Thursday, November 2, 2017

Near Rutland

Near Rutland / 10x10

As I drove into Vermont, I found myself doing a thing I'd found myself doing already on this trip - traveling roads I know, going to destinations I've loved.

I hadn't planned on doing this, and in fact, it came as somewhat of a surprise to me, though now, looking back, I react with an amazed "duh."

Why hadn't I thought I'd visit my old haunts? Why hadn't I thought I'd go back to places that I lived, homes that I loved, areas that I knew?

I think that when I was planning the trip, I simply wasn't focusing on my past, or on myself. I was focusing on the present moment, and the trip, and places to go to make paintings that would delight all of you.

So when I found myself choosing to go toward Bolster's Mills, in Maine; choosing to go to Plymouth Union, in Vermont; choosing, in fact, to go to New England in the first place, when I look back at it, it surprised me - and made me look afresh at these places I once knew so well.

Rutland and the area around it is one of those places. I found this farm and made this painting on a road I'd never known, but in a place whose light, whose breeze, whose landscape I knew intimately.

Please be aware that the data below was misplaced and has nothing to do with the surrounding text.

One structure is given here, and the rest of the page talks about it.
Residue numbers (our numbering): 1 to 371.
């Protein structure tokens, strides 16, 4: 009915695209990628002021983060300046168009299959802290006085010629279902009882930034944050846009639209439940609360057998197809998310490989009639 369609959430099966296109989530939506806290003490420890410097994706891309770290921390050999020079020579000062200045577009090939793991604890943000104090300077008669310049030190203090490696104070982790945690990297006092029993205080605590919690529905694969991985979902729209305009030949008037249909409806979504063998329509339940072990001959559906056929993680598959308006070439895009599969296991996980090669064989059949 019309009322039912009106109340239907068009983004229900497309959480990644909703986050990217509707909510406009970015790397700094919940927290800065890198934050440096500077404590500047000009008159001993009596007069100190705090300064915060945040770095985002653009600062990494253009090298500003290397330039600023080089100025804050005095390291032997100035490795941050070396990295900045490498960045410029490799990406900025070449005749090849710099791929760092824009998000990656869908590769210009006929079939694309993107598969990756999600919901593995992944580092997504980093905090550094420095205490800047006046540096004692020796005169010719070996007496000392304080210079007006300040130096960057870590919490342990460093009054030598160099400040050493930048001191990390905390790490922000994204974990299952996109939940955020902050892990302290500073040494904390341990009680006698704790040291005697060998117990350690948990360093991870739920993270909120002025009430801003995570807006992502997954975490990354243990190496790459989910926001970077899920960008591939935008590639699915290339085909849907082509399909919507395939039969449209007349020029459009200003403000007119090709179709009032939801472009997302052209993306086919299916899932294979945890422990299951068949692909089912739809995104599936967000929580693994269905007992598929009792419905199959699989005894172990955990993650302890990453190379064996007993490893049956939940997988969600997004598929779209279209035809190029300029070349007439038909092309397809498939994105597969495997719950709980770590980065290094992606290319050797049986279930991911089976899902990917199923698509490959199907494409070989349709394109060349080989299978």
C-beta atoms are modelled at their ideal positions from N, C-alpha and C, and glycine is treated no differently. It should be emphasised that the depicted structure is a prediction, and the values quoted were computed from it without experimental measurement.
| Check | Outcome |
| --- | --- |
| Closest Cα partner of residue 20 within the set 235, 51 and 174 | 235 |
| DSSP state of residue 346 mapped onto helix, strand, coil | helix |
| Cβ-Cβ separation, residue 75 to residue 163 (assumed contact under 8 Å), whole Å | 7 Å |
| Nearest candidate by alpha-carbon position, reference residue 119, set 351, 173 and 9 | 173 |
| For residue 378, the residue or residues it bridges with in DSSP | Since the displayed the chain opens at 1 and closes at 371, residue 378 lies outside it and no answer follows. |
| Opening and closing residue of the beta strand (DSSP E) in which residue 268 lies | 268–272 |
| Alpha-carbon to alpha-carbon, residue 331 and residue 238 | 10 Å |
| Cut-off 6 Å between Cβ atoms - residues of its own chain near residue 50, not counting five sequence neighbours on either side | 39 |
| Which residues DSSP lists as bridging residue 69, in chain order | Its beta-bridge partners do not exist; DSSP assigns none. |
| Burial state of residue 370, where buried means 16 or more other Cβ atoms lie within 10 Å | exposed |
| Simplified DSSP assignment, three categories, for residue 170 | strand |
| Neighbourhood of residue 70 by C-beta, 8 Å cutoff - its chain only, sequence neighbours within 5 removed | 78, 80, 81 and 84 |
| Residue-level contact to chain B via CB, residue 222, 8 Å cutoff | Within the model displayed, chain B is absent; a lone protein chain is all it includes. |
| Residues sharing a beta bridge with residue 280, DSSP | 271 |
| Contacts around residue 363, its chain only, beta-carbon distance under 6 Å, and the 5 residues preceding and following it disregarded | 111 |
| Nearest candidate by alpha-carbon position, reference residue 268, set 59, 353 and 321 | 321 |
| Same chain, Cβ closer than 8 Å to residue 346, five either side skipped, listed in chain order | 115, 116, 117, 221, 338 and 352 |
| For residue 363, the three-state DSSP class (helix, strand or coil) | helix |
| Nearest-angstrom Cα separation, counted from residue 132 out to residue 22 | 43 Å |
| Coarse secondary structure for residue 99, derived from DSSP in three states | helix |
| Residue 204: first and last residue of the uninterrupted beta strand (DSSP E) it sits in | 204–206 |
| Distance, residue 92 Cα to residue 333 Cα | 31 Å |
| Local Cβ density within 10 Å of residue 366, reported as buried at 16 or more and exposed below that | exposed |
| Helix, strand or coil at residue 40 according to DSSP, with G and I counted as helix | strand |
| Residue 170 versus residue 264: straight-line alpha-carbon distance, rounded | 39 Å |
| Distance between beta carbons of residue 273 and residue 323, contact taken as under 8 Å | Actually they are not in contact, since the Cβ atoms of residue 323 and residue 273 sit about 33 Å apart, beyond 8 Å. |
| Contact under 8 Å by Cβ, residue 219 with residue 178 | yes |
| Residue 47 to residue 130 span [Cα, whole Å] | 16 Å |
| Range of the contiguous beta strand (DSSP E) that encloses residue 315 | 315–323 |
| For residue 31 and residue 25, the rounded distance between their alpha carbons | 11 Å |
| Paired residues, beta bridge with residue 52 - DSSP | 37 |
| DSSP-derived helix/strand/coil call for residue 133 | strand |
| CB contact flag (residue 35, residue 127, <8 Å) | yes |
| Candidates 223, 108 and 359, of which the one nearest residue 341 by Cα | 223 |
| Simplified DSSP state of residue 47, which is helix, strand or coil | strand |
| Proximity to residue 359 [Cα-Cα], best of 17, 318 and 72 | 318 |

Scenes from the Road

Yes, it has finally happened - the pre-Halloween Christmas tree. 
And guess what store I was in when I found this display? 

Above, a big sneaker on the road in Springfield, MA. 
I bet it has something to do with the fact that basketball was invented in Springfield? 

This is the Augusta Civic Center, in Augusta, Maine - and this is basically all of the civic center. It is so tiny, so dinky, it sort of amazes me, and thought you might enjoy seeing it. 

Dog of the Day

Really, I do have fun with the Dog of the Day. This rooster and three happy, fluffy chickens live at the farm in Massachusetts where I painted with the Joneses.
This guy squawked nearly the whole time we were painting.

A Final Thought

"Two sounds of autumn are unmistakable ...
the hurrying rustle of crisp leaves blown along the street ...
and the gabble of a flock of migrating geese." 
- Hal Borland

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